It’s funny you mentioned those two in particular because those are the two I’ve had the most success with personally. Of course, I do it a bit differently… I bake a while lasagna or pot pie, then flash freeze the individual lasagna pieces on wax paper on a cookie sheet before putting the sheet of individualized pieces in a big baggy. Then, I pop one piece in a microwaveable container before I head off to work in the morning. The pot pie I immediately individualize into microwaveable containers for work. Hopefully that helps someone with a quick work lunch idea.

      These ladies are doing something different though since it’s for a family supper. They put it in the freezer uncooked. This is really cool! I want to try this!

      • Just Me

        Thanks for the tips! Do you cool the meals down first before flash freezing?

        • Lauren

          I would!

        • Stacey

          Yes, I do.

    • Emily

      Press and Seal makes a freezer wrap that we’ve had good success with. We also really like the freshsaver vacuum bags. We freeze meat and it never gets freezer burned in those bags.

  2. Emily

    As a family of 1, I power cook on a smaller scale. I make something on Sunday and then eat leftovers or variations of it for the week. Like, I’ll make 5 chicken breasts and have chicken and rice, chicken salad, chicken fajita, etc. I’ll make a casserole and eat leftovers for the week. I’m sure that would get boring for some people but I hate cooking and enjoy only having to really do it once a week.

    • KellyJoRN

      Emily, that’s exactly how we do dinner at my house with just my hubby and me. He’s not a big leftover person so I’m trying to scale down my dinners so we aren’t eating the same thing for the entire week. Power cooking is such a great idea!!!

    • Jen D

      I do the same thing. I’m a young professional single woman that works 8-5 and goes to the gym straight from work. I get home around 7 each night sweaty, tired, and starving! I meal prep on Sundays and make large portions of two different meals that day (this week was chicken chow mein/stirfy with tons of veggies for lunches and steak with roasted butternut squash and steamed green beans for dinner). Then throughout the weak I eat one meal leftover for lunch and another for dinner. To some it might be boring but I consider myself quite a good cook and try to pick meals I know I will really enjoy. It’s truly such a relief to have a healthy and homemade meal heated up within minutes of getting home from work and exercising with NO cleanup during the week.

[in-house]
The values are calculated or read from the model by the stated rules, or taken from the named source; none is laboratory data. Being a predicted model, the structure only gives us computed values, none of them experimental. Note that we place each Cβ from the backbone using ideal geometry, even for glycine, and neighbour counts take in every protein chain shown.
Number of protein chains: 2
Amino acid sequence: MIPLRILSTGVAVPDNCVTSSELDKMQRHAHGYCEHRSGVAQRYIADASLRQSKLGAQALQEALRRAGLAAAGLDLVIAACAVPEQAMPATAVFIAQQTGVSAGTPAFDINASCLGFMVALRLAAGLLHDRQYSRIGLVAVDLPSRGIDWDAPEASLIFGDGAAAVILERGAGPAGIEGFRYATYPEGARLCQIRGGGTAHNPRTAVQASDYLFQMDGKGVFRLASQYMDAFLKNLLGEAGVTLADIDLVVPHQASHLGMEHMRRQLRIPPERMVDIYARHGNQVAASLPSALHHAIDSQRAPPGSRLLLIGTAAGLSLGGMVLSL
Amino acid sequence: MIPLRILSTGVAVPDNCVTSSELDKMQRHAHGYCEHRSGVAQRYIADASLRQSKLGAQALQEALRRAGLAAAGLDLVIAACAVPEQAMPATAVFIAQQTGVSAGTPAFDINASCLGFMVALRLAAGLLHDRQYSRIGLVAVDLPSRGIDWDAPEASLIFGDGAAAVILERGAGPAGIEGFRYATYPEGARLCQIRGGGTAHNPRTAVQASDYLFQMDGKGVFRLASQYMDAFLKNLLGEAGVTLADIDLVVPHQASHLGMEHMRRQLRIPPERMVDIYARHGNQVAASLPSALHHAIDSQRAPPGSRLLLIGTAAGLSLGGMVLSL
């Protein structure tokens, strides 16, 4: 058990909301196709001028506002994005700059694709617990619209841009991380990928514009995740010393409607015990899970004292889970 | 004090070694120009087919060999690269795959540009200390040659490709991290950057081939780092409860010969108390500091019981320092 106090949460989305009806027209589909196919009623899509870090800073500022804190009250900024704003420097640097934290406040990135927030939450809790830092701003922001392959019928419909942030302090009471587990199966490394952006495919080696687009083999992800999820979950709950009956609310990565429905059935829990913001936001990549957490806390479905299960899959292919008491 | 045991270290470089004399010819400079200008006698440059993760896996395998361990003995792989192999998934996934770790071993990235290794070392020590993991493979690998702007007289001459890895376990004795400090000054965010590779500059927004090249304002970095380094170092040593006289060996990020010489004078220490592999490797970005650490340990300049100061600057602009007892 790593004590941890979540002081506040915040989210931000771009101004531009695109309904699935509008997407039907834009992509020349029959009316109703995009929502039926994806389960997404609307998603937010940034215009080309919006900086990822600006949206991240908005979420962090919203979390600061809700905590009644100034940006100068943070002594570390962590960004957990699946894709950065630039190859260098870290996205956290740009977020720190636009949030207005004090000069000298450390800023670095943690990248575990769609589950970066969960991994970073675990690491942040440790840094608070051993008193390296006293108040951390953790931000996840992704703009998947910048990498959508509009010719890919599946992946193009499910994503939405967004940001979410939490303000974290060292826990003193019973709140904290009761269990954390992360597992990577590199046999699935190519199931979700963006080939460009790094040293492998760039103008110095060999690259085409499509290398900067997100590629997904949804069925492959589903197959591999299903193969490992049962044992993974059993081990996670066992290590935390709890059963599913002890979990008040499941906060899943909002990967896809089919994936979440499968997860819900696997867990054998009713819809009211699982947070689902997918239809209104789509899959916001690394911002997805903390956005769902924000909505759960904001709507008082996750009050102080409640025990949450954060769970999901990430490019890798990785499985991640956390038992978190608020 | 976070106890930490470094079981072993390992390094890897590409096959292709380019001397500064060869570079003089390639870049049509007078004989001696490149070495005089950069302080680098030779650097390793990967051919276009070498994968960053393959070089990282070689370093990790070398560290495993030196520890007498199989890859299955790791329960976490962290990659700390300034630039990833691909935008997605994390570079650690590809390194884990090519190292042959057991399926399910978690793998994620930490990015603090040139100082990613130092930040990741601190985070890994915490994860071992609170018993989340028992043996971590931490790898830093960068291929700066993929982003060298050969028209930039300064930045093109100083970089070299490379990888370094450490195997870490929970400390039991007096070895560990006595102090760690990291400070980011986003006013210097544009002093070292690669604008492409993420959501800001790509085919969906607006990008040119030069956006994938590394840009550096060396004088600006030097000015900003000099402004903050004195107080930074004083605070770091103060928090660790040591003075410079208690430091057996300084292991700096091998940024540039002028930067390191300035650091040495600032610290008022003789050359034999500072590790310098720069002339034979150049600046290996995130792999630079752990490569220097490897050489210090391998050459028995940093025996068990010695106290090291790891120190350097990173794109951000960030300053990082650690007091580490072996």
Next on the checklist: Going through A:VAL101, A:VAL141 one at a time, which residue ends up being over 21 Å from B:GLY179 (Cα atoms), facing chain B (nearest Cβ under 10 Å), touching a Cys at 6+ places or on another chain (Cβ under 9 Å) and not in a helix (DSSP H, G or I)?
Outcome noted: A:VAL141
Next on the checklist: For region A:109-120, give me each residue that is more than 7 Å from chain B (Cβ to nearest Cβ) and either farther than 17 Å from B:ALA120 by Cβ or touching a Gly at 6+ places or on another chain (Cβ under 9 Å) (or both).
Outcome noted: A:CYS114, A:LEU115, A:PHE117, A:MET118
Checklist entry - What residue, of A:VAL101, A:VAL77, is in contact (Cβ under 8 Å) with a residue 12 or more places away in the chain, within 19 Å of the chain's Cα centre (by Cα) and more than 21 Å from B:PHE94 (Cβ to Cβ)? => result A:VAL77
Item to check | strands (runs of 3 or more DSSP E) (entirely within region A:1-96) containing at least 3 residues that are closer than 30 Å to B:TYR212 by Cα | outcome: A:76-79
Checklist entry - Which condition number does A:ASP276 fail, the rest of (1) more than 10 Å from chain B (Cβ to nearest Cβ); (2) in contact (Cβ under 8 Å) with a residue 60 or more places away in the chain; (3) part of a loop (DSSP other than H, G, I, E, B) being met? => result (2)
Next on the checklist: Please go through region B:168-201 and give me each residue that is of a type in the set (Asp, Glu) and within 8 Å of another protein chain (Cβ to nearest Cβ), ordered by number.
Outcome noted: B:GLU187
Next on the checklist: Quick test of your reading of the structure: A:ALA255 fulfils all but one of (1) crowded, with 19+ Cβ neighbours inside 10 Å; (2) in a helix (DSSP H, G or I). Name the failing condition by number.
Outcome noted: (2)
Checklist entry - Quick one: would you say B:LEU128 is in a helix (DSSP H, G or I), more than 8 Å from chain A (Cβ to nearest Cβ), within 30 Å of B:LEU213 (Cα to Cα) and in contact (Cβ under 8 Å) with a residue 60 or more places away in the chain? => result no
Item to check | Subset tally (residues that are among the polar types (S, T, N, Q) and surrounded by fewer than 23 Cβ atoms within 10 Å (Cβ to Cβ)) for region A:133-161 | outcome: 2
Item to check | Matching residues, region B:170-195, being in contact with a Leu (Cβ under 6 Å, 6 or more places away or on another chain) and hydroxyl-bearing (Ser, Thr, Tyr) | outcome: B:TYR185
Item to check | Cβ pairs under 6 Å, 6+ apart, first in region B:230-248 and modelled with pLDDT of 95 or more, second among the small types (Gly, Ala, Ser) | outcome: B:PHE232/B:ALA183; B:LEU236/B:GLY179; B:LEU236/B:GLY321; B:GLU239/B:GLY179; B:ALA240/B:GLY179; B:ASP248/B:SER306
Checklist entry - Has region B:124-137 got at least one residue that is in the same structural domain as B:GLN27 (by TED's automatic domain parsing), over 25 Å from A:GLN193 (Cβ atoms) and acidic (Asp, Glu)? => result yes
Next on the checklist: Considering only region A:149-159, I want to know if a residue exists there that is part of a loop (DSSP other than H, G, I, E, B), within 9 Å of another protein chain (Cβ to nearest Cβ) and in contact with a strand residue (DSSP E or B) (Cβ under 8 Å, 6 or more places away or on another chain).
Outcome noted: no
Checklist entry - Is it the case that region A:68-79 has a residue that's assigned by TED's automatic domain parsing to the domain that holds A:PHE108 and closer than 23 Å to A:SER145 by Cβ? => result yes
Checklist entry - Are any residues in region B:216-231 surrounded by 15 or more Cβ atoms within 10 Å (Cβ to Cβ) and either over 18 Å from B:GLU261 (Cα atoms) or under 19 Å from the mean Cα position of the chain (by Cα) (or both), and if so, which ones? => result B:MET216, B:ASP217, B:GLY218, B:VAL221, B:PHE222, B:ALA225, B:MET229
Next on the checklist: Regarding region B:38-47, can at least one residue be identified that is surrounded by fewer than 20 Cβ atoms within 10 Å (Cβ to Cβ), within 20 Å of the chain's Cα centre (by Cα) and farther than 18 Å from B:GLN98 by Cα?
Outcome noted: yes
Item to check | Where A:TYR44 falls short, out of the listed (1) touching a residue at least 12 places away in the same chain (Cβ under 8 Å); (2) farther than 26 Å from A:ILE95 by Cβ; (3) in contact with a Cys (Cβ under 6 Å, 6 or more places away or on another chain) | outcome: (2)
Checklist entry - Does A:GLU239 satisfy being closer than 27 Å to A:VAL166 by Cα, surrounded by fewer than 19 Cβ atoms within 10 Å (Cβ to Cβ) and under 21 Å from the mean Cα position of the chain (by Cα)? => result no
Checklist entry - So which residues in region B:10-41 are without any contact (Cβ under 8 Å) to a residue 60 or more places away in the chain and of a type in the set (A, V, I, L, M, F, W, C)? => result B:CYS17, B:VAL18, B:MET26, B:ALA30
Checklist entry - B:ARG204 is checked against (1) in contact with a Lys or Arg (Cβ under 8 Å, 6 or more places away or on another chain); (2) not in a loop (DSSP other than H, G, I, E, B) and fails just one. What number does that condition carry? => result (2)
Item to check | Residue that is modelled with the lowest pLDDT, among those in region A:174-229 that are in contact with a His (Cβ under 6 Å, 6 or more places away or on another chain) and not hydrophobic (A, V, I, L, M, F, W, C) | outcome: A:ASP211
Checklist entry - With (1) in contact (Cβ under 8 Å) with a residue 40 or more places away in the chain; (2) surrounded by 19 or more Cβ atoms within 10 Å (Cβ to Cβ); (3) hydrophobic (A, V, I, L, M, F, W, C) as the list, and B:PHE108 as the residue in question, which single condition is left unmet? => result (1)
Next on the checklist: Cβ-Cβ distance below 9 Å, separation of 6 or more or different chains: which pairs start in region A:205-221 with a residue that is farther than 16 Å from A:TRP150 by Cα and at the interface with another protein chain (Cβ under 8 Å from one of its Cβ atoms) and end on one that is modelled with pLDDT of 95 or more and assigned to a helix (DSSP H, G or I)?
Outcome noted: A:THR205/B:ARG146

• Chelsea

        I am so motivated by your dedication to the gym and healthy eating! I am trying to start a routine too.

        • Jen D

          You got this Chelsea! You can do it!! πŸ™‚ It’s definitely tough right at first to form the habits, but once you get in the groove you actually look forward to going. I took a rest day yesterday and it actually felt so weird going straight home, lol. Everybody has setbacks and a healthy lifestyle is always a work in progress, but the key is to just stay positive and never quit trying. Best of luck to you!! πŸ™‚

  3. MCouzens

    I just purchased a Costco membership & was thinking about how I could put those bulk purchases to good use. I could definitely start by chopping, seperating & freezing veggies, fruit & meat. That way all I have to do is thaw & combine with the main prep already finished.

  4. Anna

    I have never had a good experience with power freezing healthy meals. Frozen peppers, brocolli etc always taste awful to me. I also found that the wonderful sauces you freeze chicken in get a bit more watery and lose flavor. I did have success with things like lasagna or enchaladas. However, since i like my meals more healthy with more veggies, I just cook on weekends for the week and have one or two of the “bad boys” in the freezer for deserate days like today while i’m dealing with a painful sinus infection and unable to cook.

    • Ketsy

      I agree. Onions get watered down as well. And if you have to be in the kitchen to add fresh veggies or to cook a meal for a child, it kind of beats the purpose. :/

      • Anna

        Exactly! I have 2 young kids and need to think my meals through. Luckily they like soups, so I can make those in big batches and freeze but other meals get made on weekly basis. I’m okay with that, I love the freshness in my food.